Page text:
The New York State Assembly passed the Foreclosure Fraud Prevention Act of 2013 last week, which imposes both misdemeanor and felony-level penalties on banks and lenders which knowingly engage in fraud. The bill also includes penalties for certain supervisory employees of banks and lenders, referred to as “high managerial agents,” who know about fraudulent conduct by their employees and agents, but fail to take reasonable measures to stop the conduct, according to information supplied by New York State Assemblyman Fred W. Thiele Jr.
The legislation creates the crime of residential mortgage foreclosure fraud in the second degree, a class-A misdemeanor, punishable by up to one year in jail and a $1,000 fine. The penalty is directed at employees or agents of residential mortgage companies who knowingly prepare and file false documents in a residential foreclosure action.
In addition, the bill would make residential mortgage foreclosure fraud in the first degree a class-E felony, punishable by up to four years in state prison. This penalty is directed at agents who engage in five or more acts of residential mortgage foreclosure fraud and at those “high managerial agents” who know that one or more of their employees are engaged in residential mortgage foreclosure fraud and fail to take reasonable steps to stop it.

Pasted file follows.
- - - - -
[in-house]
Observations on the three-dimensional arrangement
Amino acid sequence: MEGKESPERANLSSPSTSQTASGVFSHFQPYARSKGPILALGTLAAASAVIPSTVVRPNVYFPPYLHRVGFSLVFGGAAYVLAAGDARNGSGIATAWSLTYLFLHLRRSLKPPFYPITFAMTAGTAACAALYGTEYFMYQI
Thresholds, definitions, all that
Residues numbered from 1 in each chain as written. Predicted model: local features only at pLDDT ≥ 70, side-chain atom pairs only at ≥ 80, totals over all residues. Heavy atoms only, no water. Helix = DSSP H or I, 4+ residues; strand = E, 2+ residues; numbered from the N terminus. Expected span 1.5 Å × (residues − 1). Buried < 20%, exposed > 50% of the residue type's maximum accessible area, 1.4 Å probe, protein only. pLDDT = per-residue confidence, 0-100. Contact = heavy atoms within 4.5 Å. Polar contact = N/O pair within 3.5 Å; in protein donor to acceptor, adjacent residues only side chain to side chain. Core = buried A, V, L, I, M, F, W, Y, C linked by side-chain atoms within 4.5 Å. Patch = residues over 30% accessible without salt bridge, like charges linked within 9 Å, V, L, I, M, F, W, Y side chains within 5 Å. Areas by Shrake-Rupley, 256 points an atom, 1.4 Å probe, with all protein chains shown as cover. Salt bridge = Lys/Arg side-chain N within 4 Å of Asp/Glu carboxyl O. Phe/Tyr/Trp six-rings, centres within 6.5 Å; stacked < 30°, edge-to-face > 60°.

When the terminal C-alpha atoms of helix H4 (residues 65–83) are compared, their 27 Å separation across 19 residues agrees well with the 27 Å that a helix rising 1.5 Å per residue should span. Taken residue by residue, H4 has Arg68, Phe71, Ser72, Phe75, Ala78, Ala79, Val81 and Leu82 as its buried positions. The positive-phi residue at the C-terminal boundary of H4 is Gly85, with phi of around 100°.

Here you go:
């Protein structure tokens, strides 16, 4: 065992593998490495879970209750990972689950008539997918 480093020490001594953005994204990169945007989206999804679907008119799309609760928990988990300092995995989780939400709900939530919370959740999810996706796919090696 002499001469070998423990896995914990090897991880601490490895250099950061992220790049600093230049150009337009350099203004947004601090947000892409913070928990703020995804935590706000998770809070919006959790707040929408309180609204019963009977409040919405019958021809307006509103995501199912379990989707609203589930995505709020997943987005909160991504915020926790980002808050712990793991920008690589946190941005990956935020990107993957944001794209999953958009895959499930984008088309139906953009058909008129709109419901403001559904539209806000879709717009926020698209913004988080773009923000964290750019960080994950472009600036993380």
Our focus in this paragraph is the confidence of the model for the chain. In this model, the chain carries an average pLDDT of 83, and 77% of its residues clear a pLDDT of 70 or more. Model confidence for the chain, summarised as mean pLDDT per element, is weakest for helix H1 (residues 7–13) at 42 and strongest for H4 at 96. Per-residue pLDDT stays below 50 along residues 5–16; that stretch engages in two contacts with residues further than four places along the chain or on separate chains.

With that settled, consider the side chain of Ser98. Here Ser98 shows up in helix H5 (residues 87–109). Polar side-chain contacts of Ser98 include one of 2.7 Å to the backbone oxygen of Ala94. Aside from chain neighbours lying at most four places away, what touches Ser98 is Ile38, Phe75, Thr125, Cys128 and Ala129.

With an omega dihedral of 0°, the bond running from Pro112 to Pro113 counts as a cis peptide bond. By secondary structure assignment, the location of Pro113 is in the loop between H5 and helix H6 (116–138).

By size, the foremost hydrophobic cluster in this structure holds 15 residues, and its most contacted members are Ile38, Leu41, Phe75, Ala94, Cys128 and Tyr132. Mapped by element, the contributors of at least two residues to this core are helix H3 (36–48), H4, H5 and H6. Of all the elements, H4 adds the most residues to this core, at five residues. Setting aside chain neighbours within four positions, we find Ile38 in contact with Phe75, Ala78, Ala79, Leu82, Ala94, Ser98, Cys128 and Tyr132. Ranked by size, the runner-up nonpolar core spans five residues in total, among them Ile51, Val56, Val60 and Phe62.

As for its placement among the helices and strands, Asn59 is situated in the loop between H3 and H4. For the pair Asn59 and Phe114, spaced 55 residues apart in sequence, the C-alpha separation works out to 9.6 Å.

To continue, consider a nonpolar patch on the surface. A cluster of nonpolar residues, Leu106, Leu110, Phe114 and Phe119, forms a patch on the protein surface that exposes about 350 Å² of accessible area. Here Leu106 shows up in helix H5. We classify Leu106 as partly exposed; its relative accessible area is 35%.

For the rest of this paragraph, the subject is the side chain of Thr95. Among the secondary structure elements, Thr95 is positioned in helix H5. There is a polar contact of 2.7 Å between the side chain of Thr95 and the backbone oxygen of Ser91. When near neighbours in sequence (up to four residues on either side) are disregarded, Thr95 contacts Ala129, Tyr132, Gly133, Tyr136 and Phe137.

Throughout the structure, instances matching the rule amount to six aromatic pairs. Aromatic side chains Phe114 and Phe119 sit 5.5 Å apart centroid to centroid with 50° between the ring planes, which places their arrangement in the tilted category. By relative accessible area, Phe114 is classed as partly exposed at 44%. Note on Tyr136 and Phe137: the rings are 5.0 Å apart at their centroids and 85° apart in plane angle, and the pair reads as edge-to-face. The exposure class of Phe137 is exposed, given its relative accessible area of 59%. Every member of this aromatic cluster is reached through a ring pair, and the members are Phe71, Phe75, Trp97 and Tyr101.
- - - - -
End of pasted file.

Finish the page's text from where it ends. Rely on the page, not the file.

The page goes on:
“We’ve all heard the stories: lenders ‘robo-signing’ document after document in an assembly-line fashion and without adequate attorney supervision, claiming to have personal knowledge about mortgages and properties that they actually did not,” Mr. Thiele said in a press release issued on Thursday. “That practice has led to improper foreclosure proceedings that are forcing innocent, hardworking New Yorkers out of their homes. This is fraud plain and simple. We have taken steps over the past few years to protect hardworking families from unseemly mortgage practices, but we have not specifically criminalized these fraudulent practices. This legislation will take that extra step.”
The Assembly also recently passed a bill that would address the backlog known as the “shadow docket” by requiring foreclosure plaintiffs to file a certificate of merit in residential foreclosure actions. The certificate of merit would be accompanied by copies of the legal documents, which a lender must have in order to foreclose. Provisions in the bill would require counsel for lenders to certify that such action can be commenced.